> found to fit exactly within a larger cycle. What would be fascinating would
> be to find that one or another of those "fits" produces an irrational
> number, like pi, etc..
A very good point. Presumably, such harmonics might cancel, although that would leave _one_ of the cycles as the effective one for each harmonic group. I suggest that there is a principle of cognitive orientation that favours the longer cycle.
Otherwise, the effective (independent) cycles are all those that are completely distinct: no harmonic inter-relationships.
> Here, you have also touched on the original question I asked months ago:
> does the "astrological effect" require life? I think the answer to that
> question is fundamental to any effort to discover the mechanism(s) thereof.
Agreed. See my other post of tonight.
> < snip >
> When it comes down to it, the issue is whether one can discern and
> accomodate this deeper thread. To do so is to find the Tao, etc. Among
> many other tools, astrology provides a means to do this, but it must be
> lived, not just studied or practiced, and this is the principal argument of
> those who would have astrology be simply as subset of psychology. And here
> we find the crux of the argument between fate and free will.
I commented on fate and free will in my other post, though I am sure I was speaking of it in a different sense.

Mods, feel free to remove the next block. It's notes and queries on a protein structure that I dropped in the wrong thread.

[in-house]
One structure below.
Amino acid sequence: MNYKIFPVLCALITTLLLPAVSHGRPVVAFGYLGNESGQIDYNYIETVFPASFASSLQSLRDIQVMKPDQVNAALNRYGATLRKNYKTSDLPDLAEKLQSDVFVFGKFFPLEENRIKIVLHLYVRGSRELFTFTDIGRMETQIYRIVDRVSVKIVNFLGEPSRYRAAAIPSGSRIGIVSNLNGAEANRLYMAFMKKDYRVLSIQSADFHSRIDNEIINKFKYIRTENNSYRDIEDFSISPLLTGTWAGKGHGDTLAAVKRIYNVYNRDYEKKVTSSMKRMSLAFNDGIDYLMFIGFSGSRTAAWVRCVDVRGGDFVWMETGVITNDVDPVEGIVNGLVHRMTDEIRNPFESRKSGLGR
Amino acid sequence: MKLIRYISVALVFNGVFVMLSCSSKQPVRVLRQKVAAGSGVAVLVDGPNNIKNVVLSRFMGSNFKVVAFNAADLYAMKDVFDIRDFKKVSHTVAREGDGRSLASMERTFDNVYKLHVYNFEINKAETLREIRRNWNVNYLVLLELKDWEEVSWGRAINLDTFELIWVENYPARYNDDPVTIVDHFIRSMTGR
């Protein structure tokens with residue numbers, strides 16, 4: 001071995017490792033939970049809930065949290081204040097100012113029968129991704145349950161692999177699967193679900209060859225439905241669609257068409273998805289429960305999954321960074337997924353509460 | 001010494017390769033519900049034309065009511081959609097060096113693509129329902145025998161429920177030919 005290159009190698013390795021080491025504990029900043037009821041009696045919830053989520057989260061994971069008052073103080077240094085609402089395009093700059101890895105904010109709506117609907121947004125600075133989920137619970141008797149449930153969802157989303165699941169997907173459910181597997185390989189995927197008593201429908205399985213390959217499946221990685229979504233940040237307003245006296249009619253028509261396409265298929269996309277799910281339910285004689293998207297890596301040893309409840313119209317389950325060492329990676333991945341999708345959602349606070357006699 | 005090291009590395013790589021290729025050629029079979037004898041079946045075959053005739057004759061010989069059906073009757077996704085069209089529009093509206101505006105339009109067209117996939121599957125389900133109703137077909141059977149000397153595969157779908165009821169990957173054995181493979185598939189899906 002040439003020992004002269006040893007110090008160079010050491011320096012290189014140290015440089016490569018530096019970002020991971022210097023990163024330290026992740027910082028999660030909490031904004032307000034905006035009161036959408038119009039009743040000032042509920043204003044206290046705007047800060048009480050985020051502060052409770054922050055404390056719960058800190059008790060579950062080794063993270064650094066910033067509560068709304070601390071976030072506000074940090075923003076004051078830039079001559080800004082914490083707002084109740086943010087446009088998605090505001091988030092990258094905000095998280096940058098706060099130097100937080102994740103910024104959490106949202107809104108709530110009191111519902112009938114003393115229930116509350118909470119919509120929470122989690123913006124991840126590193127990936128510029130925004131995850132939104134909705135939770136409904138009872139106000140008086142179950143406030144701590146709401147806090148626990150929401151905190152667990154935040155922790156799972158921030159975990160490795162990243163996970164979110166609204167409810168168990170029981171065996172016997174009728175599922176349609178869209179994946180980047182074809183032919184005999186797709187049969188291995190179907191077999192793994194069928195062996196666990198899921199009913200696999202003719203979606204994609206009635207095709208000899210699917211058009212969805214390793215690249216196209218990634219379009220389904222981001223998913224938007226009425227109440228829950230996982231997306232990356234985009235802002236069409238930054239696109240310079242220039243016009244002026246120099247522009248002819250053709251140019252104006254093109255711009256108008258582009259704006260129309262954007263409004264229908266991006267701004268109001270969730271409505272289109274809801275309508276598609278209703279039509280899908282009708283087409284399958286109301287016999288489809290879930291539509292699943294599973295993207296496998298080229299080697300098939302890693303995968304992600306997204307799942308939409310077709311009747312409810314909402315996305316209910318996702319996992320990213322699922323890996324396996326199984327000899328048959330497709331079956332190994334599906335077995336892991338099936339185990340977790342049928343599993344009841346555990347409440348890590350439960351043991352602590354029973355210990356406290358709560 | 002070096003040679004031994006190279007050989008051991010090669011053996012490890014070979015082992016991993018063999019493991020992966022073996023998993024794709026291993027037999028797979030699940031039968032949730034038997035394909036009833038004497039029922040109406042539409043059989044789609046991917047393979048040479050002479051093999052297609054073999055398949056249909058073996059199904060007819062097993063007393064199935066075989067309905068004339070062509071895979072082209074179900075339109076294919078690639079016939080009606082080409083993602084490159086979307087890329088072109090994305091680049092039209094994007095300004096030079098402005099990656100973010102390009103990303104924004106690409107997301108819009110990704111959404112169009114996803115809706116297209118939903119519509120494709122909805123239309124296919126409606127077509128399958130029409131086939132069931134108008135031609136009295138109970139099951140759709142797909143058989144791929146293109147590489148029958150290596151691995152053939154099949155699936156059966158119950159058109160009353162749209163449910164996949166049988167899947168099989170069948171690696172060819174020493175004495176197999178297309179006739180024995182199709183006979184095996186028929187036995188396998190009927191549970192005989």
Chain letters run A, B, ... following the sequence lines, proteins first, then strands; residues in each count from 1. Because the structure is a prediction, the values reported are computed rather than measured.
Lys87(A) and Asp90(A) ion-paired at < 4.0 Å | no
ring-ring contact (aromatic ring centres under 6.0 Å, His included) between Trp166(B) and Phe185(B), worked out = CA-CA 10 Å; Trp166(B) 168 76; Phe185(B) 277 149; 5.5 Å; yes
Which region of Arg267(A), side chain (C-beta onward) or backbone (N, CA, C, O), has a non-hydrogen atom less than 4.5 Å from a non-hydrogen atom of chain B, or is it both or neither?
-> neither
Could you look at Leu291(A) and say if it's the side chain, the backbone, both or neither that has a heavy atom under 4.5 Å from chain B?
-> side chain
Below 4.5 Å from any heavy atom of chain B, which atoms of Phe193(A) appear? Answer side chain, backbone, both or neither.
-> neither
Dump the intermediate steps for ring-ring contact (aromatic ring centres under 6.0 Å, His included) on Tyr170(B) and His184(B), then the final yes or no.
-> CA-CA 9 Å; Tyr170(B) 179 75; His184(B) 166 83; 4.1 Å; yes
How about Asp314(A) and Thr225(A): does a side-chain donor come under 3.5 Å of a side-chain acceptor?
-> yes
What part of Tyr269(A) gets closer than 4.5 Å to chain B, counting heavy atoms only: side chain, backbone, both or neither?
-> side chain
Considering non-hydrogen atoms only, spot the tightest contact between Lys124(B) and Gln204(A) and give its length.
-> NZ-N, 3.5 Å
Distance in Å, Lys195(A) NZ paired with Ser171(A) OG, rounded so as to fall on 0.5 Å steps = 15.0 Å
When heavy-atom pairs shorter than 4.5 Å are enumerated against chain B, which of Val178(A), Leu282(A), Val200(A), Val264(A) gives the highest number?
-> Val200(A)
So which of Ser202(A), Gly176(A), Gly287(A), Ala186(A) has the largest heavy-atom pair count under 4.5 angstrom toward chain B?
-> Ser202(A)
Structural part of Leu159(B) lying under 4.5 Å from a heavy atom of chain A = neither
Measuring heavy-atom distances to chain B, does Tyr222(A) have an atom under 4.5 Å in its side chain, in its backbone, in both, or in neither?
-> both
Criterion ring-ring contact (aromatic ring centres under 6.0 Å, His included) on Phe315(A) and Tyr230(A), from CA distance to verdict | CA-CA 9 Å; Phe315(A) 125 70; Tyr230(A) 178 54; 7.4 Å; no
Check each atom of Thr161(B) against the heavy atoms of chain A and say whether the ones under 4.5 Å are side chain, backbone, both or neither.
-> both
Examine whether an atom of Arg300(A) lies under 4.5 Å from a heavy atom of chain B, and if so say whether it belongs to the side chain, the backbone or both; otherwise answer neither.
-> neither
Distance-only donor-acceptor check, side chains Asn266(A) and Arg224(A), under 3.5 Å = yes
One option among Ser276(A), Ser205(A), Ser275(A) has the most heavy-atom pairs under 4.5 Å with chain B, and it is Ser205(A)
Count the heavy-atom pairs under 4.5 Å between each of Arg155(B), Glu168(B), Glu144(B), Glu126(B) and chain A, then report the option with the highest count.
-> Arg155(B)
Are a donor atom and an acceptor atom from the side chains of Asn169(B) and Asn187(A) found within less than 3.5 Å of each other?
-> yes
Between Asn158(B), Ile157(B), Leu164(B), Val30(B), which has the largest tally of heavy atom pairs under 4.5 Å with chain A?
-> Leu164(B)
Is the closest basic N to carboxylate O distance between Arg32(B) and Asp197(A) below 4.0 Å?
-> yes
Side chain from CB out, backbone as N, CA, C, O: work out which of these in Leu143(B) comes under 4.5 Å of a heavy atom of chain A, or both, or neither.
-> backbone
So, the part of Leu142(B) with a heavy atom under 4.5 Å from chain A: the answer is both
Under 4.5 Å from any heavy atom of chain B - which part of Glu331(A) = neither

I am not sure what kind of psychology those who see astrology as a subset of it are thinking of.
> As William states, fleeting and irregular events such as the 'presence' of
> doctor may well influence life but could not provide any basis for
> regulating or
> timing ongoing processes. Cycles that are more or less *eternally* present
> necessary. The planets in our solar system may happen to perform this
> This is the popular assumption. As I have said, cause and effect is not the
> only type of mechanism that is possible; the involvement of the planets *is*
> the basic tenet of astrology, however.
Well, I suspect that what I mean and "popular assumption" may be different things. It seems rather trite to say that astrology involves cycles, a bit like saying that motoring involves wheels or running involves feet. Yet there is another way of looking at it (or am I mistaken?) that, admittedly granted a few assumptions, makes the significance of cycles rather fundamental and almost inevitable, without involving cause and effect per se. (If by cause and effect you mean some kind of mechanical action). I see it as akin to the thought experiments of Einstein (following Machian principles) concerning the meaning of simultaneity in terms of observers and clocks, and hence his revolutionary view of time that led to special relativity. My own particular thought experiment also concerns an observer suspended in empty space, and a single event that the observer is able to be conscious of in some way (let's say that a light turns on and then off). Take a moment to imagine this situation, and then answer the question: how would the observer be able to say (measure) 'how long was the light on?'.
I submit that the observer would have no way of answering this question, not even in such subjective terms as "briefly" or "for a long time". The observer would be unable to tell the difference between a "microsecond" and a "millenium". (If you like, you can also put this in terms of distance. There is an object (just one) visible to the observer. Can the observer tell whether it is close (and relatively small) or extremely distant (and huge)?